Two friendly looking women arrived on my porch at the appointed hour one frigid Saturday morning last December. Anticipating their knock, I opened the door, smiled warmly and said, "Merry Christmas. Come in."
Before another word was exchanged, the taller stranger handed me a handsome plaid tin of imported shortbread and exclaimed, "This is just awful!" Her companion, shaking the snow off her boots in the hallway, agreed and offered me a small wrapped box with red foil ribbon trailing down the sides.
"It's just so embarrassing," the shorter woman continued. "It used to be that when a new neighbor moved in, we had a coffee to welcome her. This has never happened before -- you're new in the neighborhood, but we're all so busy that you had to invite us first."
The ice was broken, we all chuckled, and with the arrival of these two good sports, I knew our first party was destined to be remembered.
What confounded these two strangers -- who now are our friendly neighbors -- is that we, the new homeowners, had reversed the standard of etiquette. We'd moved in five weeks earlier, but no one had welcomed us with a plate of cookies.
So what? These are the '90s, not the '50s. Most of the women on our street are employed out of the home: a teacher, an artist, a secretary and so on. Some commute long distances; others have young children; all of us are busier in December than we'd like to be.
My husband and I once moved four times in five years and, no, it wasn't horrible because we steadfastly adhered to one principle: "Don't feel sorry for yourself." Our recipe for quickly becoming acquainted with a minimum of planning and a maximum of zeal?
We invite our new/unknown neighbors for breakfast, usually on a Saturday in December. Two years ago when we lived in St. Louis (and had been in our house only six weeks), we invited 14 families. Twenty-four adults and nine children showed up. One guest confided to me that morning that she had lived across the street from our house for 20 years but had never been invited inside -- until our breakfast.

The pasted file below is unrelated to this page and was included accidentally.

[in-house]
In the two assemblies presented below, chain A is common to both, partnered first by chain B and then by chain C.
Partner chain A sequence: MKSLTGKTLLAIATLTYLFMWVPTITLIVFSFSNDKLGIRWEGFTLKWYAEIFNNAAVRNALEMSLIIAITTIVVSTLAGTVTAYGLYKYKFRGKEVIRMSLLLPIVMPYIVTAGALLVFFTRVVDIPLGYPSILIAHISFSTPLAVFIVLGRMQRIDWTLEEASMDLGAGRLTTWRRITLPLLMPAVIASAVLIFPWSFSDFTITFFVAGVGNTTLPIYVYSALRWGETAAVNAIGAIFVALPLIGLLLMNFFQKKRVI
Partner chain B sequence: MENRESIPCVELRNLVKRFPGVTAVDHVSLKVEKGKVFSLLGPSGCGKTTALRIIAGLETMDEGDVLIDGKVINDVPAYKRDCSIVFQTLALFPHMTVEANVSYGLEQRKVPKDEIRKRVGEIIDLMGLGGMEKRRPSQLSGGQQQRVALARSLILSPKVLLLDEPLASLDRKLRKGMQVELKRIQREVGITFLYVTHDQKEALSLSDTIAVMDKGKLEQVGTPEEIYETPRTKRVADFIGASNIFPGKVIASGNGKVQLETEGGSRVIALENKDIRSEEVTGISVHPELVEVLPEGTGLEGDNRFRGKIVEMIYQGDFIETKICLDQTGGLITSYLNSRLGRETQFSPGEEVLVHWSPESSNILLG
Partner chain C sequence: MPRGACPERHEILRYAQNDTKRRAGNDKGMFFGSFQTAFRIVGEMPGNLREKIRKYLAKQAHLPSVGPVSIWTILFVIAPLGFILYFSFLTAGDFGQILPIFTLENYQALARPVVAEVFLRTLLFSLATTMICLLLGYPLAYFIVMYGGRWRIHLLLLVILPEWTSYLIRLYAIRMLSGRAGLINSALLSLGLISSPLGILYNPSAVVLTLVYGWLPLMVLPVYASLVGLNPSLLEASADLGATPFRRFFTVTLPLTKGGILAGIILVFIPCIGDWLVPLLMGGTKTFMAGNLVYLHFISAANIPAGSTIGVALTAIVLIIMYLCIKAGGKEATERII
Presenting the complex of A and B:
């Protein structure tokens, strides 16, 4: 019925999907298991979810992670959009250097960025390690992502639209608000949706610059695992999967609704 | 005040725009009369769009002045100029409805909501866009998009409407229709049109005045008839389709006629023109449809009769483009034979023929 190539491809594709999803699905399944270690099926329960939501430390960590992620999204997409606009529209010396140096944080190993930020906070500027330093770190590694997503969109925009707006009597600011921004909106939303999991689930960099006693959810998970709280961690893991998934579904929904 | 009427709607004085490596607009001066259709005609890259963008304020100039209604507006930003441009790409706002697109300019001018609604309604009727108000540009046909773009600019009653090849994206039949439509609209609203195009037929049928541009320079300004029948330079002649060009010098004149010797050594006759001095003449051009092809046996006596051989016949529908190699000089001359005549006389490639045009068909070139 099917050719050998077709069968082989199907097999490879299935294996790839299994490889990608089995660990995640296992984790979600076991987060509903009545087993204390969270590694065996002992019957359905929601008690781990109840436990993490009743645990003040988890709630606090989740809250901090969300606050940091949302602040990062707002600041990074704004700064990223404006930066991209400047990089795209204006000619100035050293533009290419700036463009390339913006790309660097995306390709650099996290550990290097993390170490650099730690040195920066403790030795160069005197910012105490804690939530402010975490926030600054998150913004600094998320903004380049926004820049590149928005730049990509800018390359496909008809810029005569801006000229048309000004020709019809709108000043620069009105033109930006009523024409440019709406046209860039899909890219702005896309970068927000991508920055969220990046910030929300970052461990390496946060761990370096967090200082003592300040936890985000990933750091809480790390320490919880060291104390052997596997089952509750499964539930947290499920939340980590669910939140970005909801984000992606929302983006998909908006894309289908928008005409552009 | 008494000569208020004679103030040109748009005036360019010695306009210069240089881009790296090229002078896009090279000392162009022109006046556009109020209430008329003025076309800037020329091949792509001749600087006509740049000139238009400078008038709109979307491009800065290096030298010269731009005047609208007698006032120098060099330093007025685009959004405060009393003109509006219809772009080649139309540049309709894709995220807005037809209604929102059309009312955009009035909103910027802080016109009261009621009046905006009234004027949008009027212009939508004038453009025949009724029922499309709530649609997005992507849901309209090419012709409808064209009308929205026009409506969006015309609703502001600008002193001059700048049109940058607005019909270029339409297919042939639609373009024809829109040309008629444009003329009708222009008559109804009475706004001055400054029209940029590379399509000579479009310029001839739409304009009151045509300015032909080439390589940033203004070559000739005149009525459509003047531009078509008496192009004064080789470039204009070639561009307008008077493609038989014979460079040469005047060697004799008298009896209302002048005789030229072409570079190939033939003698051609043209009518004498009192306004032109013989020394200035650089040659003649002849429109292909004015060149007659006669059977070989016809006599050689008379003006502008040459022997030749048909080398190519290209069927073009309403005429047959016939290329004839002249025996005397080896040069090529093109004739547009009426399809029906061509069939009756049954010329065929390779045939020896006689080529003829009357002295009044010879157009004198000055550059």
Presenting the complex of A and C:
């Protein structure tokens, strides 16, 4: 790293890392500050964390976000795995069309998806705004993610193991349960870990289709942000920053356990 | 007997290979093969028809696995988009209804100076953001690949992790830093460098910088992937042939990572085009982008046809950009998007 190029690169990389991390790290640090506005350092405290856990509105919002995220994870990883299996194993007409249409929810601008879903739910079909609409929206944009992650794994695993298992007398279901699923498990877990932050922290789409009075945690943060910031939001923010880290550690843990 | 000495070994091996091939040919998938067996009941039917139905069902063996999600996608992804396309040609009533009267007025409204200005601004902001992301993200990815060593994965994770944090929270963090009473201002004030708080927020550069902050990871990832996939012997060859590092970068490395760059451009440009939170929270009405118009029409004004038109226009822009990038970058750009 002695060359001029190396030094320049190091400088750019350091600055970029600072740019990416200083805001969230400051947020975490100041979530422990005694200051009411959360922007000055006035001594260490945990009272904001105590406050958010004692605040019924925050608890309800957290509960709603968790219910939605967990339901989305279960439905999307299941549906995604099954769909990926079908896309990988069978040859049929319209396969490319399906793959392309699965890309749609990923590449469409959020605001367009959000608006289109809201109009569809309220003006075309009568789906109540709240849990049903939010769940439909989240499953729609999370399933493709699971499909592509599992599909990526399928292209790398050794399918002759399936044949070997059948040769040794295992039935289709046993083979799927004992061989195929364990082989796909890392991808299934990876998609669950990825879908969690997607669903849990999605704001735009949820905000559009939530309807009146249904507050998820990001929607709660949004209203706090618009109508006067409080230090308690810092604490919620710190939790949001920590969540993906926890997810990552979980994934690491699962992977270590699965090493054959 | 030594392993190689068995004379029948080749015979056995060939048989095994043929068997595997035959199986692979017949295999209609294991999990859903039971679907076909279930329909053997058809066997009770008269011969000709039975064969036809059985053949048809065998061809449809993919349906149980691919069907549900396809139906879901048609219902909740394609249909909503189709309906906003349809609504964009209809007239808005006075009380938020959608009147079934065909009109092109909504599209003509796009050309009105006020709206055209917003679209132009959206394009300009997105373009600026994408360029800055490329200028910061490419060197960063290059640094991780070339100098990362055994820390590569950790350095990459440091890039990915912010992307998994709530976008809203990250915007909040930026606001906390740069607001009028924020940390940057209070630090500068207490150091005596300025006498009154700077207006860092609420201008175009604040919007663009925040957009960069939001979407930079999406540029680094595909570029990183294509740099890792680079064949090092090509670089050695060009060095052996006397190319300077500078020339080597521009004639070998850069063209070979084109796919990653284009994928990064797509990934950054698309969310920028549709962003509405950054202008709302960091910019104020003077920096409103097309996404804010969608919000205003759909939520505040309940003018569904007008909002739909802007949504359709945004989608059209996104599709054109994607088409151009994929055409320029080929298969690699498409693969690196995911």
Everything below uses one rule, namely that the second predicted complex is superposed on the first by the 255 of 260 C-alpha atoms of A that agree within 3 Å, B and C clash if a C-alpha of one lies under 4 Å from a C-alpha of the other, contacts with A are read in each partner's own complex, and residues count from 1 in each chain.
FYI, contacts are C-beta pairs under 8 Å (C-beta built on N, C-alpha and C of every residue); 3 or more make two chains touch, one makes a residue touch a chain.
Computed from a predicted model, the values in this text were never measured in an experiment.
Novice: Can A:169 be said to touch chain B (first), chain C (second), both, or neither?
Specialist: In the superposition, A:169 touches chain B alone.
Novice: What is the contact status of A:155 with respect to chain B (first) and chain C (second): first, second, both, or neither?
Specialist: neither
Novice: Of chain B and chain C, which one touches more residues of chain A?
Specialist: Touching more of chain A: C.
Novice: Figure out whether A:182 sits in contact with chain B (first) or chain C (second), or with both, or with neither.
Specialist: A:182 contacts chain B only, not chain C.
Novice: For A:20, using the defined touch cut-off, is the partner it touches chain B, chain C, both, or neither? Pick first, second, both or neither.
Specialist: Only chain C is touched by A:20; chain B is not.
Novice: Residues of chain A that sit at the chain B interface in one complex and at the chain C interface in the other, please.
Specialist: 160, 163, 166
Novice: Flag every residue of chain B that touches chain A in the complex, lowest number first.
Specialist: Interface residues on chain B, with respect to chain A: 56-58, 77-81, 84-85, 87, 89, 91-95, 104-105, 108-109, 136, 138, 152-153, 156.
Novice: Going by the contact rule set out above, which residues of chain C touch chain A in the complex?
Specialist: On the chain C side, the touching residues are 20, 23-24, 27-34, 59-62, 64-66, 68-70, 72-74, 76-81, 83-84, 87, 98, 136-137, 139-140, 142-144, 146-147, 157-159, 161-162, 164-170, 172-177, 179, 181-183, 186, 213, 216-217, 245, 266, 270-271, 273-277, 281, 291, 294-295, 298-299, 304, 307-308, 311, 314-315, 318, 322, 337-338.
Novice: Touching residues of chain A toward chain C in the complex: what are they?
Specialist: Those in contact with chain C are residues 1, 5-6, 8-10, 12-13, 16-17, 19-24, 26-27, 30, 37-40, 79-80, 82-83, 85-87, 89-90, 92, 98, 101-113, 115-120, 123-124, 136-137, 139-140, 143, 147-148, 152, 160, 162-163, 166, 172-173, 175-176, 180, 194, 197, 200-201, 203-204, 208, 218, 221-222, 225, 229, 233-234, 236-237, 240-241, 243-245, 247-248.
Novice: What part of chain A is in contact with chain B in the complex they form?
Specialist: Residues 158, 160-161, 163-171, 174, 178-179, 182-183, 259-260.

I will never forget how much fun our guests had. Most arrived about 9:30, greeting us courteously but saying they could stay just a few minutes. (At noon, I made another pot of coffee for them.) They talked nonstop, passed babies around, and checked on their children who made regular appearances at the buffet table and then disappeared to the basement for cartoons and games.
We've hosted at least five Christmas breakfasts in new residences in the past 18 years, and the sizes of our homes had little bearing on the success of each event. Guests have always managed to happily squeeze into our cramped one-bedroom apartment or spacious ranch-style home with a cramped kitchen.
Two weeks before the breakfast, I hand-deliver written invitations (so guests know we're serious about meeting them). We specify casual dress and "Come anytime between 9 and 10 -- and bring the family."
What do you serve a crowd whose tastes you know nothing about? Not to worry.
I like Julia Child's rule-of-thumb that no meal should be all hot or all cold. For ease of preparation, we serve just one hot dish (baked sliced ham, kept warm in a chafing dish). The accompanying selections, served at room temperature, are tasty, attractive, and can be prepared in advance: deviled eggs, nut bread (cranberry is popular), a couple of kinds of Christmas cookies, poppy seed cake in a bundt shape, and fresh fruit (pineapple, oranges, bananas, kiwi and maraschino cherries are beautiful in a glass bowl). A large self-service coffee urn is mandatory, of course, and we also provide hot brewed tea and glasses of cold water.
Our guests typically arrive wearing jeans and jogging shoes, but I like the buffet table to look as though we're serving royalty. A festive table, whether it's decked out in crystal-and-silver or pottery-and-stainless, delivers a subtle message to our new neighbors: We think you're worth it.
When we know that small children are coming, I forget the bone china and provide sturdy divided plastic plates that cost about $10 for 50. They're so good looking that nobody is insulted.
Not enough coffee cups or silverware? We beg, borrow, rent or steal more. Most Goodwill stores are a fine source of clear glass punch cups that cost next to nothing. For me, the only thing that could possibly ruin breakfast at our house would be using styrofoam coffee cups or plastic forks.
Over the years, our guests have consistently remarked how much fun it is to be invited for breakfast. It requires no special wardrobe, no driving, no parking problems, no babysitters, no liquor decisions.
We get to meet all kinds of interesting folks when we invite them over for the day's first meal. Even the skeptics come. One neighbor opened our invitation while I was still on his doorstep. "Christmas breakfast!" he bellowed. "Never heard 'o such a thing!"
Well, sir, now you have.
Aneeta Brown is a freelance writer in Leesburg.